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Elke Zobl


I have been running Grrrl Zine Network ( since 2001. I organize zine workshops and exhibitions and am doing research on feminist self-publishing, art and social change. I live in Salzburg, Austria, and can be reached at elke.zobl(at) (For more, see below).

I grew up in a small village in the mountains of Austria. After I left home at 18, I studied sculpture, art education, and German literature in Salzburg, and grew more and more frustrated with the great canon of art and literature surrounding the (male) genius. During my exchange year at Duke University in the United States, I began to explore my interest in Women’s Studies and to question that very canon. Upon my return, I moved to Vienna and founded together with two friends a magazine called “female sequences: frauenlesbenkulturHEFTig.” Our aim was to document and provide a platform for feminist and lesbian art, music, pop culture and theory in Austria. Although we made it as a collective only through issue number one (one of us continued to publish the magazine), I became more interested in feminist alternative media. I found a number of feminist artists in the German-speaking area who use magazines as an alternative outlet to the male-dominated gallery system and to create their own representation, on their own terms .

On my consequent search through the online world, I found that there were feminist zines in the US, UK, Peru, Singapore, Mexico, Israel, Poland, the Philippines, New Zealand, Norway, Japan and many other countries! I stumbled across this international network of young women producing their own, unapologetically feminist media - and I was hooked. Yet, I discovered that there was no central online resource site documenting international feminist zines. Most sites focused on English-written zines from the US and the UK but did not include zines from other counties. Because zines often have a short publishing lifetime and are difficult to catalog (e.g. because of the use of nicknames, lacking publishing city or date), many libraries have not archived them. So I decided to create a platform and online archive for international feminist zines as an arena for all those who fell under the mainstream radar, or better, subverted, criticized, and made fun of the mainstream.

In 2001 I went online with Grrrl Zine Network: A resource site for international grrrl, lady, queer and trans folk zines, distros and DIY projects ( Based on my personal bookmarks I listed around 50 international zines. Today, the site lists and links more than 2000 zines from 43 countries that are written in 15 languages . The resource section provides information about feminist organizations, art, popular culture, and music projects. Another section compiles books, videos, popular and academic writing on zines. To exchange information and ideas, as well as to announce new issues or calls for submissions, I have also created a mailing list and message board. As I find it also essential to document the thoughts and opinions of zine makers, together with Haydeé Jiménez I have conducted interviews with more than 100 feminist zine producers and distributors which can also be accessed from the site.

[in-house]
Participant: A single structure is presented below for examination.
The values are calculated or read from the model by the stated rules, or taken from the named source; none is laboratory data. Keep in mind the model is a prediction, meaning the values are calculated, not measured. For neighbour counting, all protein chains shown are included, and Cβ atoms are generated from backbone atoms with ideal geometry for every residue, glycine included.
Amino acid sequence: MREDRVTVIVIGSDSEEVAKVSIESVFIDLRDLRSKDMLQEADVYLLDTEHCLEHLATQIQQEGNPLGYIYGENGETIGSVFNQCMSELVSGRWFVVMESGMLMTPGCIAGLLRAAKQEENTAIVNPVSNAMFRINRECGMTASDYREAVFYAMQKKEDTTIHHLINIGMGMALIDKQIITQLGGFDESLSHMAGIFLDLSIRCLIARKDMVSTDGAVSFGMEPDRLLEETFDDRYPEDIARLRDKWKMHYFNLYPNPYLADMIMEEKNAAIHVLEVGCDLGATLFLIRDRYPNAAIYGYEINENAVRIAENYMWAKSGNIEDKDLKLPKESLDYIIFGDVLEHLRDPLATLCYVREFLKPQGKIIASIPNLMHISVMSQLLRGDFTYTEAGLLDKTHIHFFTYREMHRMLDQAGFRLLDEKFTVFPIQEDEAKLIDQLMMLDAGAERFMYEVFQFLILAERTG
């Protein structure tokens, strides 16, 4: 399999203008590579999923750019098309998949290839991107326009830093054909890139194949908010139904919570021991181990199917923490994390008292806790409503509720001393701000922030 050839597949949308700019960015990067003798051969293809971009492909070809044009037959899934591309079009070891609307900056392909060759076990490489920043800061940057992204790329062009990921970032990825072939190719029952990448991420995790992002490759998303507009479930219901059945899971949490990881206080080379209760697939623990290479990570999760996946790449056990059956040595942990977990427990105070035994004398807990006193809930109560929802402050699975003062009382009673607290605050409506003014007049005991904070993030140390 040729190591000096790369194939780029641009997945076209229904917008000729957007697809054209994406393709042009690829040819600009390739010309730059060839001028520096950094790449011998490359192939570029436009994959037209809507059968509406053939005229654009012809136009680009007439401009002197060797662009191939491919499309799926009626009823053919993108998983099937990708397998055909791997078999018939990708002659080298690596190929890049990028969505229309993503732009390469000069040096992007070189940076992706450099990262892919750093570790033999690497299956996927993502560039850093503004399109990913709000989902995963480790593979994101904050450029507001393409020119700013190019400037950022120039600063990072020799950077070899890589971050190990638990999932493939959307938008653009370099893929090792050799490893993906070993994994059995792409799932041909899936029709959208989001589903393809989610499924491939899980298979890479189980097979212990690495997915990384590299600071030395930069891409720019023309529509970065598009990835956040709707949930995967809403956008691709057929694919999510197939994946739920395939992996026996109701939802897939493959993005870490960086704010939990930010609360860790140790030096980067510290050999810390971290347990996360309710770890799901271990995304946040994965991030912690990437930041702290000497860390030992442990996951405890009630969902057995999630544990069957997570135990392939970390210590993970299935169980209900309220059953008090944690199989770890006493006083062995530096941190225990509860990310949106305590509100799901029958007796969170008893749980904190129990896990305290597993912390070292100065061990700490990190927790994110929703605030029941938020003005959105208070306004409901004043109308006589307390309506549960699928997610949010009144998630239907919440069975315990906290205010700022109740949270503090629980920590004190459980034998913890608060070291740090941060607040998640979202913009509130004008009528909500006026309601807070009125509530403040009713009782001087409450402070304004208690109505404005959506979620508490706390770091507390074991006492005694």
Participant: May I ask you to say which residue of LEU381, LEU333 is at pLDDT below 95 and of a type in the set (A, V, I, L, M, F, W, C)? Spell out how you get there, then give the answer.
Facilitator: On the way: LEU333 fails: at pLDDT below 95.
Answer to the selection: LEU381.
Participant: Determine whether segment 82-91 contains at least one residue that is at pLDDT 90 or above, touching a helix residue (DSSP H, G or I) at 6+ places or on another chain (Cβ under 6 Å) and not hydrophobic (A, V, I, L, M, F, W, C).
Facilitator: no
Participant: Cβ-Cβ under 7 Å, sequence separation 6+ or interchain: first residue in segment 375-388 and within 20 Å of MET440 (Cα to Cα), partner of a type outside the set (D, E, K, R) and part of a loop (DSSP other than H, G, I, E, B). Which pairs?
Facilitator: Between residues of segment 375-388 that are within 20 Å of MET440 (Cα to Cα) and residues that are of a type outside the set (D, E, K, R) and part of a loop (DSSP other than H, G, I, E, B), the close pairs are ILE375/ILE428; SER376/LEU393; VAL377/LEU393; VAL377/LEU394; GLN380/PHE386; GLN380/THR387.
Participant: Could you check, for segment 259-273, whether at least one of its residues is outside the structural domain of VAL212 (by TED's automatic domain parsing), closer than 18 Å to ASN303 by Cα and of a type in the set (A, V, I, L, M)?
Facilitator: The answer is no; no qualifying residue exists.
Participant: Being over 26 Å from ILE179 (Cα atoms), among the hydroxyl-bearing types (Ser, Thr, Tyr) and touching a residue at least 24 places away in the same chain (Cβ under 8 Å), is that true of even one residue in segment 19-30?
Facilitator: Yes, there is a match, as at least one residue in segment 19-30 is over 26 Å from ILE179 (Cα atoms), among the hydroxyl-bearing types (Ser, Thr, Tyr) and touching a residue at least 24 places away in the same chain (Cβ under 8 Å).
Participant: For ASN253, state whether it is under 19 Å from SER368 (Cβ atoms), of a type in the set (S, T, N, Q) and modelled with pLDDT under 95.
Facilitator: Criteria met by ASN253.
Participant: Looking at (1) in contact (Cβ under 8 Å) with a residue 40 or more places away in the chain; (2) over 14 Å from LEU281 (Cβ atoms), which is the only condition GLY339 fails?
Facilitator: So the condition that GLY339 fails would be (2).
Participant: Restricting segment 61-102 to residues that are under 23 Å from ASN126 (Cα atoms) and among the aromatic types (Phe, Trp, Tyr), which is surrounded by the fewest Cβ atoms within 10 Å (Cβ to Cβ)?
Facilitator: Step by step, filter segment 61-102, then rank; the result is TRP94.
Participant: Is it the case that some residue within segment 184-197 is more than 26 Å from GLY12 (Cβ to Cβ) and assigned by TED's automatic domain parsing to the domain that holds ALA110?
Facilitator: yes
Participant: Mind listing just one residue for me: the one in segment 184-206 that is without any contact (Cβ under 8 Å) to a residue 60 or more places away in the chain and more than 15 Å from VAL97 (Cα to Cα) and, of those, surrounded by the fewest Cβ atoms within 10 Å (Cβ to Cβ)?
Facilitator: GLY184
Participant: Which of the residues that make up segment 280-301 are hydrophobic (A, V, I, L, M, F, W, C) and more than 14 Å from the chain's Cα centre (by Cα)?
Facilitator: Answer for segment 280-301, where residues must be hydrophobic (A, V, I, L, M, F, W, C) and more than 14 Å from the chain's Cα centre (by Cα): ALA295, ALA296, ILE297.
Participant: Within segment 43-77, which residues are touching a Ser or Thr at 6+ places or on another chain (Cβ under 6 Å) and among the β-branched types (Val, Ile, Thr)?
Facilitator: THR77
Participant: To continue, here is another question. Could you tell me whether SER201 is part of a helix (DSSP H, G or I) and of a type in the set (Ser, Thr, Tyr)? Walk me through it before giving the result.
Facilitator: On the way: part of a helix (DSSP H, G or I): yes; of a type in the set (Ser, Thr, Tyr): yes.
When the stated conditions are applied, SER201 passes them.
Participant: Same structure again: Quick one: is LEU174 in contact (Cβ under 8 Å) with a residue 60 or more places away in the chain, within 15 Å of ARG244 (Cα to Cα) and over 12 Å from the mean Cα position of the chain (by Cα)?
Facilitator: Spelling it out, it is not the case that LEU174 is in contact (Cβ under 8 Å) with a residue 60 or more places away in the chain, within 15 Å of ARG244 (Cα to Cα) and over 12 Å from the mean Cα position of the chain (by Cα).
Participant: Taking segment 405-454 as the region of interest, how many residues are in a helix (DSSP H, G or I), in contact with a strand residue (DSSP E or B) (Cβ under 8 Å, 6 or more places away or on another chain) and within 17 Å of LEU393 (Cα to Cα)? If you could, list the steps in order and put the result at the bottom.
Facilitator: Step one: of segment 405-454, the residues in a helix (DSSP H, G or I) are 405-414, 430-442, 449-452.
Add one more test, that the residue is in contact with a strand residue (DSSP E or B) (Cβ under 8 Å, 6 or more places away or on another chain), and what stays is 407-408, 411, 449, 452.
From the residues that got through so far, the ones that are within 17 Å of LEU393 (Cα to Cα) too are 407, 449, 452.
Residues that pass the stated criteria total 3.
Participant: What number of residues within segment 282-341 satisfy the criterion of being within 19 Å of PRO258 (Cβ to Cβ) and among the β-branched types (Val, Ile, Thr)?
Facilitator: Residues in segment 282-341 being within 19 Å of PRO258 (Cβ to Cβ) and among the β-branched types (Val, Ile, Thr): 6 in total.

I frequently organize workshops, seminars, exhibitions and conferences around zines and zine culture – as part of the Grrrl Zines A-Go-Go collective in San Diego, US, focusing on the empowerment of young women through the production of fanzines and self-published works in workshops (, and in her new home in Salzburg, Austria.

My research focuses on feminist self-publishing, in particular on feminist zines. After finishing my doctorate at the Academy of Fine Arts Vienna, Austria, with a dissertation on “The Global Grrrl Zine Network: A DIY Feminist Revolution for Social Change”, I pursued postdoctoral studies at the University of California at San Diego documenting and analysing grrrl zines.

I am now continuing my research on “Young women as creators of new cultural spaces” at the Academy of Fine Arts Vienna, Austria, and I coordinate the research project “Feminist media production in Europe” (both funded by the Austrian Science Fund).

I live in Salzburg, Austria, and can be reached at elke.zobl(at)

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